Harvard To Eliminate Western Civ?
From The Harvard Crimson:
You can't fight for Western Civilization--much less understand it ("understanding" being the paramount notion, right after "diversity")--if you are never taught it in school:
History 10a, “Western Societies, Politics, and Cultures: From Antiquity to 1650,” could soon be ancient history itself.The class will continue, but not the requirement to take it. Though this is still in the idea stage, it is hardly far-fetched to see this proposal enacted. What will replace Western Civ?--
An expected change to history concentration requirements would abolish a long-standing pillar of the department, according to a professor who has taught the course in the past. But the decision hasn’t been finalized by the department.
“No one is willing to defend ‘Western Civ’ and lots of people want to abolish it,” said Baird Professor of History Mark A. Kishlansky, who has taught History 10a twice since 2002. “I think the department will vote this change.”
Kishlansky predicted that the department would eliminate History 10a and its counterpart, History 10b, “Western Economies, Societies, and Polities: From 1648 to the Present,” in response to ongoing student and faculty opposition.
New “long ago” and “far away” requirements would replace these mandatory survey courses, Kishlansky said.No one is saying that learning the history of other cultures and other time periods is not a valid requirement of history majors. But eliminating the historical foundation of their own culture, or the culture that brought about the school they are attending (if they are not from the West) would decrease the "diversity" so long sought by these institutions. Even the University of Colorado--Boulder, home of Ward Churchill, required that history majors of all fields take the equivalent of Western Civ before moving on to areas of concentration outside American or European history. That Harvard's history department would consider eliminating this basic requirement, just one course out of the typical 15 or so that comprise a major is disheartening, if not altogether surprising for the liberal Ivy-league school.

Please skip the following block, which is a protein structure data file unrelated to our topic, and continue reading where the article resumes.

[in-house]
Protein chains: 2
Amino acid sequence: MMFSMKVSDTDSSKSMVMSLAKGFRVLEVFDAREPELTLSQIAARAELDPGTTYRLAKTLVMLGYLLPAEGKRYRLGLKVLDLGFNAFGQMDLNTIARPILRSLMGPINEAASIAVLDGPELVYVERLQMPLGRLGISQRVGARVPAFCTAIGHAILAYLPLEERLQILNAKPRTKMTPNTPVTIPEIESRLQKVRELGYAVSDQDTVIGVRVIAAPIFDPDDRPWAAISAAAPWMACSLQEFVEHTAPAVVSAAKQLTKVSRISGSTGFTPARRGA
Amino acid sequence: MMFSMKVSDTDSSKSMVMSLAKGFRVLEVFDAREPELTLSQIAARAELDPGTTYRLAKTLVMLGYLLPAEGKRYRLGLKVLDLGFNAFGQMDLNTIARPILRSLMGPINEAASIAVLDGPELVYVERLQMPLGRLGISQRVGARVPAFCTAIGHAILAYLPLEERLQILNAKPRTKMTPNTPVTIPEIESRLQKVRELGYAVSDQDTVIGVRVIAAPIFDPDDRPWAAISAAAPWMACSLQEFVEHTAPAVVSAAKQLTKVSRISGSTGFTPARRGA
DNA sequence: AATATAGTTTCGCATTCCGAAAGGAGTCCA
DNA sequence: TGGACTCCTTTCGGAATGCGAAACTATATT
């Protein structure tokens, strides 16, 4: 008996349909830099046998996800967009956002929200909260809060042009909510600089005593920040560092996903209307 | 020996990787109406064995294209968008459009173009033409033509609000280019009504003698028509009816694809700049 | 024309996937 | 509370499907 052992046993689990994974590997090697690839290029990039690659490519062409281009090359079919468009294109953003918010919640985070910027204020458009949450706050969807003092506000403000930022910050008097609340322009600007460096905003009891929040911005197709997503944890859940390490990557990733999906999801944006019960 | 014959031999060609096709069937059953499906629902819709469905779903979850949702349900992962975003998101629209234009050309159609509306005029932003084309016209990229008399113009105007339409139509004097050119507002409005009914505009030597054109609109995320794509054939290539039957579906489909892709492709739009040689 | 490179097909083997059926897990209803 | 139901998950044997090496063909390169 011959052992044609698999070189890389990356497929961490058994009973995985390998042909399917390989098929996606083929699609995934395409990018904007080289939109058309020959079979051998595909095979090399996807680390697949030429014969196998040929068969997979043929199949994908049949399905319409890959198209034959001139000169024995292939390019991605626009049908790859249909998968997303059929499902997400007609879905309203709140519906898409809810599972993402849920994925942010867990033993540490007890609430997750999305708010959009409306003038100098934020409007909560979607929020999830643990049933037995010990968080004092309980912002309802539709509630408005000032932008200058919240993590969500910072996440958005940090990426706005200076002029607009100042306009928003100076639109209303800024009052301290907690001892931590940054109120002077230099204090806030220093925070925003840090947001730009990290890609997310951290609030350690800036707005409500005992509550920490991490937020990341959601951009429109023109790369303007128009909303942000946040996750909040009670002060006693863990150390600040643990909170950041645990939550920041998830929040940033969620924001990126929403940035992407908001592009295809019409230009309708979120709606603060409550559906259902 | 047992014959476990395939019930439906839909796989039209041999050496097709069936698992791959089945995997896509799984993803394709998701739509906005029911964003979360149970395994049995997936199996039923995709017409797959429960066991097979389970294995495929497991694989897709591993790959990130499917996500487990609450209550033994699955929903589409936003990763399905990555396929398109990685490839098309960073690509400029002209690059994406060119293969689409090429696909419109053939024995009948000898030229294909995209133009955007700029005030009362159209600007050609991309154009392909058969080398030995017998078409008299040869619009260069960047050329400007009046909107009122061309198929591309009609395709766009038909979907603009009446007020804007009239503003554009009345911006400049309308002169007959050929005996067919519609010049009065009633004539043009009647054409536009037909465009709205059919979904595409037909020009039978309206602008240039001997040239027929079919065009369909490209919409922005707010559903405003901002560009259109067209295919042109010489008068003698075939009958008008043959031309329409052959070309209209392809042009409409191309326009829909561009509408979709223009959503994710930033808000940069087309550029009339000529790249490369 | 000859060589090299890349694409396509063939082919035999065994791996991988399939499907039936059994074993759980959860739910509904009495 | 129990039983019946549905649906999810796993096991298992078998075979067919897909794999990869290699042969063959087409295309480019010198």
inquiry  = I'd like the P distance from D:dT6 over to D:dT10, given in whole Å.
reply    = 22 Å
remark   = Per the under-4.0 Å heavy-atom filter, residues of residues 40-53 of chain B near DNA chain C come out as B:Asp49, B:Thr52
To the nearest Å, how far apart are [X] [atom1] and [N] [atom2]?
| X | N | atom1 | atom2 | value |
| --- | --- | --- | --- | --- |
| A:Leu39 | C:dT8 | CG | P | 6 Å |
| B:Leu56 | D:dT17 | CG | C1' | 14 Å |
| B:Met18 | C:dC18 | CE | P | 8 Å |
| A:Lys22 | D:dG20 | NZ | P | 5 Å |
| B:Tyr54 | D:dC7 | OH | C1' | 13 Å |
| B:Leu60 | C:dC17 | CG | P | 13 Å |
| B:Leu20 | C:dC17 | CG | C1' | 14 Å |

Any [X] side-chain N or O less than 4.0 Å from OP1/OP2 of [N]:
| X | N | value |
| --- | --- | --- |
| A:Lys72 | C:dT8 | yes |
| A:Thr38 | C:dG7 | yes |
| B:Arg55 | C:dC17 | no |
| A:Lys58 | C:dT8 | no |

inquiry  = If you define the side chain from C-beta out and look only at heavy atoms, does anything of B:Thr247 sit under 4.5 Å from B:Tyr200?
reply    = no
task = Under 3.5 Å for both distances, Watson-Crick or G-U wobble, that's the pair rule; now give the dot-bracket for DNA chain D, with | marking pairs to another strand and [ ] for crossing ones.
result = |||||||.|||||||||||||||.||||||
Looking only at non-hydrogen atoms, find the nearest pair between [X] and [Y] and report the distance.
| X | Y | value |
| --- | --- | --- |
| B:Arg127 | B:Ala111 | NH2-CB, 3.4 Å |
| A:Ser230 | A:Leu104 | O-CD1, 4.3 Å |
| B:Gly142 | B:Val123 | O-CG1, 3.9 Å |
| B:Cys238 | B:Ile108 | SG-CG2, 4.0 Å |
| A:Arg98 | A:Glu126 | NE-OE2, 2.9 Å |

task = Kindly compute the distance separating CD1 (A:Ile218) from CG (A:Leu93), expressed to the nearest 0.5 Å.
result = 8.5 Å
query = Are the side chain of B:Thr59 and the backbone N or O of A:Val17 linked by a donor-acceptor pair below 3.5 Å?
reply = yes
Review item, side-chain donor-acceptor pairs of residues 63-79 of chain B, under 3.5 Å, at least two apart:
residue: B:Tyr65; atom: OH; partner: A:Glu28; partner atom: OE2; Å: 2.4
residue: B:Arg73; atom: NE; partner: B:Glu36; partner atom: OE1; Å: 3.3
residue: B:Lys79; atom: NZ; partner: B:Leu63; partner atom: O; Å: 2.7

The “long ago” component would require students to take a premodern course about a “civilization at a different stage of development than the one you know of,” Kishlansky said.
But he said the department has yet to determine the exact dates that this “premodern” period would encompass.
The department also plans to implement a “far away” requirement that would have students take a course on a subject geographically removed from their area of interest, Kishlansky said.
One could argue about periodization (jargon learned as an MA candidate in history) and the difficulty inherent in presenting roughly two-thousand or so years of history, usually ending in 1648. Dealing with the Ancient world, the Roman Empire, the Middle Ages and finally the Renaissance in a semester is quite a daunting task. Handled effectively, students get a taste of history that might eventually inspire them to become history majors, lifelong armchair historians, or even professional historians. As a Teaching Assistant for many different courses in diverse areas (American history, history of Islam, Roman history, and history of European warfare) it was immensely gratifying to see students previously unexposed or underexposed to a subject become engrossed by the new field. That should be what "diversity" means in a college setting, not simply boutique courses that reflect a particular professor's pet project. Exposure to many differing ideas, cultures, histories following a foundation course that paints a backdrop to all future historical enquiry. A good professor and a decent course turned many "open-option" undecideds into history majors. Some later changed emphases, looking for more challenging work in areas outside of America or Europe. A fundamental level of education should remain, however, and one of those courses should be Western Civ.
In the end, it appears dead white guys like Aristotle, Alexander, Caesar, Constantine, Justinian, et al. aren't historically important enough to justify their inclusion in a Harvard history major. Now what would happen if they did away with culture/gender diversity course requirement--heads would surely roll (oh wait, that just happened to Larry Summers!)